• nc

    J,

    your first comment contradicts your second, and both are completely wrong:

    “1. It is simply not true that “Schroedinger’s equation is a non-relativistic Dirac equation.” … If you would like to understand the details … “the wave fields phi, psi etc. [refering to solutions to the
    Klein-Gordon and Dirac equations] are not probability amplitudes at all, but operators which create and destroy particles in the various normal modes….’

    “2. It is also not true that “The key thing about how QFT differs from QM is pair production.” … Pair production involves transitions from one of these QM states to another and is perfectly well described by QM.”

    1. is wrong because the non-relativistic Hamiltonian in Schroedinger’s time-dependent equation is H = ½ (p^2)/m.

    But the relativistic Hamiltonian for Dirac’s equation is H = apc + bmc^2. The values of a and b form the Dirac spinor, which allow two solutions to the energy of the particle, E = ± mc^2. Hence it predicts antimatter. Pair production is the production of a particle of matter and its antiparticle.

    The Dirac equation predicts antimatter, which QM doesn’t. Pair production is antimatter + matter production. This relies on Dirac’s sea, which is the physical interpretation of Dirac’s equation for the negative energy states. This is unique to Dirac’s equation. I explained that QFT deals with pair production/ annihilation, operators which create and destroy particles, and how indirectly this controls QM.

    2. Your second point is pretty disingenuous, since having in your first point pointed out that the key difference between QFT and QM is pair production/annihilation, you in the second point refute this. You also say that QM predicts describes the Dirac sea. No, QM doesn’t unless you modify it which is EXACTLY what what I’d like to see: the injection of the Dirac sea into QM to explain physically the basis for the probabilistic nature of QM as depending on the QFT field occuring loops randomly around the electron and deflecting its motion erratically on small scales.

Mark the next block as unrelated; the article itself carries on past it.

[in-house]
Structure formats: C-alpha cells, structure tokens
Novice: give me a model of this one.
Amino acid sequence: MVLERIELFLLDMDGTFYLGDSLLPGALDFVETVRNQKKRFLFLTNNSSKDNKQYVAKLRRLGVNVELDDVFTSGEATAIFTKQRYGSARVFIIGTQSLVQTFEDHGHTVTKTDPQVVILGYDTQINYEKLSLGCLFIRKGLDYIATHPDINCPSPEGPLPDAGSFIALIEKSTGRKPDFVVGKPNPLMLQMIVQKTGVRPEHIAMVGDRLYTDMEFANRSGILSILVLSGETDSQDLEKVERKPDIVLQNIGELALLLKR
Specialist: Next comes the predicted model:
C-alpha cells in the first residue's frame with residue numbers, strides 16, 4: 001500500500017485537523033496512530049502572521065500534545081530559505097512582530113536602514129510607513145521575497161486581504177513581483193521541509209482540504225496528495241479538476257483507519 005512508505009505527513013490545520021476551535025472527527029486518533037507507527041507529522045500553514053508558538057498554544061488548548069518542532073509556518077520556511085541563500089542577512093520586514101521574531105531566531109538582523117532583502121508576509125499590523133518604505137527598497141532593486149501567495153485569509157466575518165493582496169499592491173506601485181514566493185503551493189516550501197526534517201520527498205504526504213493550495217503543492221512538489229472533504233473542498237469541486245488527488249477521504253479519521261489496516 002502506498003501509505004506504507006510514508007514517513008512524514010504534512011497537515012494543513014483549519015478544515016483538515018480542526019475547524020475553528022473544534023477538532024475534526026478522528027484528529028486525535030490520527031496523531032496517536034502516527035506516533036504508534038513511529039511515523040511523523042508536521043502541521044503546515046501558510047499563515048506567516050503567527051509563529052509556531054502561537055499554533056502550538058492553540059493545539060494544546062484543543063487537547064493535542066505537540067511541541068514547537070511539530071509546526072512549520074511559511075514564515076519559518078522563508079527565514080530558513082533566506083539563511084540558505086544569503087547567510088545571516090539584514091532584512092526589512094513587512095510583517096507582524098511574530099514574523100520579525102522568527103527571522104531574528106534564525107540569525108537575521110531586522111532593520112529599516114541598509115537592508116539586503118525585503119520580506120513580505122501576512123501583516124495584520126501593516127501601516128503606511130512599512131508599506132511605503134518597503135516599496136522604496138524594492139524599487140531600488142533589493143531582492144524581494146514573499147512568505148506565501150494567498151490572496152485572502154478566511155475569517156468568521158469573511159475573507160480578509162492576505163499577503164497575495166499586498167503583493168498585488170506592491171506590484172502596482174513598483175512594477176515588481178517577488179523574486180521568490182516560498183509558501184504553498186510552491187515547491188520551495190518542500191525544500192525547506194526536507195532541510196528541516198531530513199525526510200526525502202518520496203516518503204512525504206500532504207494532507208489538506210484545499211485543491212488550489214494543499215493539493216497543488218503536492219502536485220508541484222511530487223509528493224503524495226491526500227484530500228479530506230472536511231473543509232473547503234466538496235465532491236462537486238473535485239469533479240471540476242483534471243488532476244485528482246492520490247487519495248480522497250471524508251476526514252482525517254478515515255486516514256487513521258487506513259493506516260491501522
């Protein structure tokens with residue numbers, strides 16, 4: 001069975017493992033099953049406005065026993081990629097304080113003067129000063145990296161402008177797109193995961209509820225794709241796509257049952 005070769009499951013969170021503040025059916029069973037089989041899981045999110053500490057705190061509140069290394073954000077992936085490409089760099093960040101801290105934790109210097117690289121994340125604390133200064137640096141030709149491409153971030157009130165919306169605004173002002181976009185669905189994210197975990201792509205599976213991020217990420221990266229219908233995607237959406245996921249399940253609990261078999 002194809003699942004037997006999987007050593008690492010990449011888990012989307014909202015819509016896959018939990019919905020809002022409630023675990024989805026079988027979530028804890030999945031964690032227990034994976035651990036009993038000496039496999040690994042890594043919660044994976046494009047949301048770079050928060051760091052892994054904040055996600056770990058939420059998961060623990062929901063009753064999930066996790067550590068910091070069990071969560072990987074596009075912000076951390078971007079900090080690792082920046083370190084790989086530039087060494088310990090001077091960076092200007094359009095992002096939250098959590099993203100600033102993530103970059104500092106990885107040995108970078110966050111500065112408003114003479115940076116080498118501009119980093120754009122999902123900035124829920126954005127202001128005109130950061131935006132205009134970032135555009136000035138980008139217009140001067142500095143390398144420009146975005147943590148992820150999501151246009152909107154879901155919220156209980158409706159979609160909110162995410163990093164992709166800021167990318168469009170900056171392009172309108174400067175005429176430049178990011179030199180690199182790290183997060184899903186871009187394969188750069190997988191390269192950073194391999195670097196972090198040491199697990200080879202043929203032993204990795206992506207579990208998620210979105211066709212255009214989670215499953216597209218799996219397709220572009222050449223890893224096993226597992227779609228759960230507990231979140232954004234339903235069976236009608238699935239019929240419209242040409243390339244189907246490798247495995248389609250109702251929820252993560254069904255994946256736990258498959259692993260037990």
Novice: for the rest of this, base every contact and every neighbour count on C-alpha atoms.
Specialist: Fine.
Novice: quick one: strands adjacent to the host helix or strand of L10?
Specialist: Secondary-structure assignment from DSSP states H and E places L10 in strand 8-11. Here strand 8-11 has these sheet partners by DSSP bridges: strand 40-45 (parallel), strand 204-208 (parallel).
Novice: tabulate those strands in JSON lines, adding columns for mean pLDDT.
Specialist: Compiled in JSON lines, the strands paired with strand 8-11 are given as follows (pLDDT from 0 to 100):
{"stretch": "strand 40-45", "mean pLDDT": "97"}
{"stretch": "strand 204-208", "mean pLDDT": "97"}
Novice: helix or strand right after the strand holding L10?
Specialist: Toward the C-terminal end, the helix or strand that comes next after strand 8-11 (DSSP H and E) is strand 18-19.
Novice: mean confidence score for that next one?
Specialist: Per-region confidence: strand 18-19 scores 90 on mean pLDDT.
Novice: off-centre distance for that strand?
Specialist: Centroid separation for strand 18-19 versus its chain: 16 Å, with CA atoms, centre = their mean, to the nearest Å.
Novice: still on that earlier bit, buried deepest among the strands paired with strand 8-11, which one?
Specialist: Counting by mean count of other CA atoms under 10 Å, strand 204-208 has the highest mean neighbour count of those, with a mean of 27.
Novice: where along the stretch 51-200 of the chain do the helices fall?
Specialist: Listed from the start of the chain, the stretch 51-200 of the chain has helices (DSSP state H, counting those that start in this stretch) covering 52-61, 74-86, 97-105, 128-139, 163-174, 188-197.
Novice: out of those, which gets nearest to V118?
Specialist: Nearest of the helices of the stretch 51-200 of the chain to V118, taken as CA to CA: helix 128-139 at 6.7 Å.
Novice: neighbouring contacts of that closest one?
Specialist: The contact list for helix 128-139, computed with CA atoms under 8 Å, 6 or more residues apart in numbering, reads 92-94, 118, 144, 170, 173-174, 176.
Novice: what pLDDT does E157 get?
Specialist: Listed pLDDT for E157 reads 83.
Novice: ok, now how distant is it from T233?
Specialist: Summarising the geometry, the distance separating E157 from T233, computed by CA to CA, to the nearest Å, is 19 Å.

• J

    Thank you nc. I now understand your point of view perfectly and see that it
    was an error to engage you on this topic. And I won’t chase flush draws.

  • http://thisquantumworld.com Ulrich Mohrhoff

    “Quite simply, a book on QM has yet to be written.” — How true. And thanks to Paul Valletta for the precious link. It says in the abstract that

    The proceedings contain much unexpected material, including extensive discussions of de Broglie’s pilot-wave theory… and a “quantum mechanics” apparently lacking in wave function collapse or fundamental time evolution.

    I am pleased as a punch, for I keep reiterating till I’m blue in the face that the transmogrification of a probability algorithm into an evolving instantaneous state is at the root of the whole semantic mess.

  • Philip

    How about The Dancing Wu-Ii Masters by Gary Zukov?

  • http://quantumnonsense.blogspot.com/ Qubit

    All beginners should read the 1857 version of rumpelstilskin, the stories always come before the equations, it’s easier to understand and it’s from the point of view of Schrödinger cat http://www.pitt.edu/~dash/grimm055.html. “CURIOSITY KILLED THE CAT” just before Schrödinger did, The Washington Post on 4 March 1916. Coincidences?

    Qubit

  • dearieme

    When I studied freshman physics and chemistry (admittedly a million years ago) I was glad I’d read “The Strange Story of the Quantum” by Banesh Hoffman.

  • Joseph

    For laymen, I would recomend a less technical or complex book such as The Strange Theory Of the Quantum, but if you feel you must challenge your mental capacity then read The Universe in a Nutshell by Dr. Hawking. I would advise taking notes in some chapters because of the complexity of the equations, such as Hawking radiation or as it can be used to Find black hole entropy properties, which i attempted to solve for myself and ended up with a negative value so i believe i have either accidentally reproduced Hawking’s time travel theory or just mistook G for the wrong quantitive value….

  • http://watered-down-physics.blogspot.com Alan Reifman

    I have a website called Watered Down Physics, where I — a non-physicist — try to explain physics concepts for a general audience. I do a lot of reading in physics and the entries on my webpage represent my distillation of this material. Because I’m not a trained physicist, I make sure to stick closely to original source material.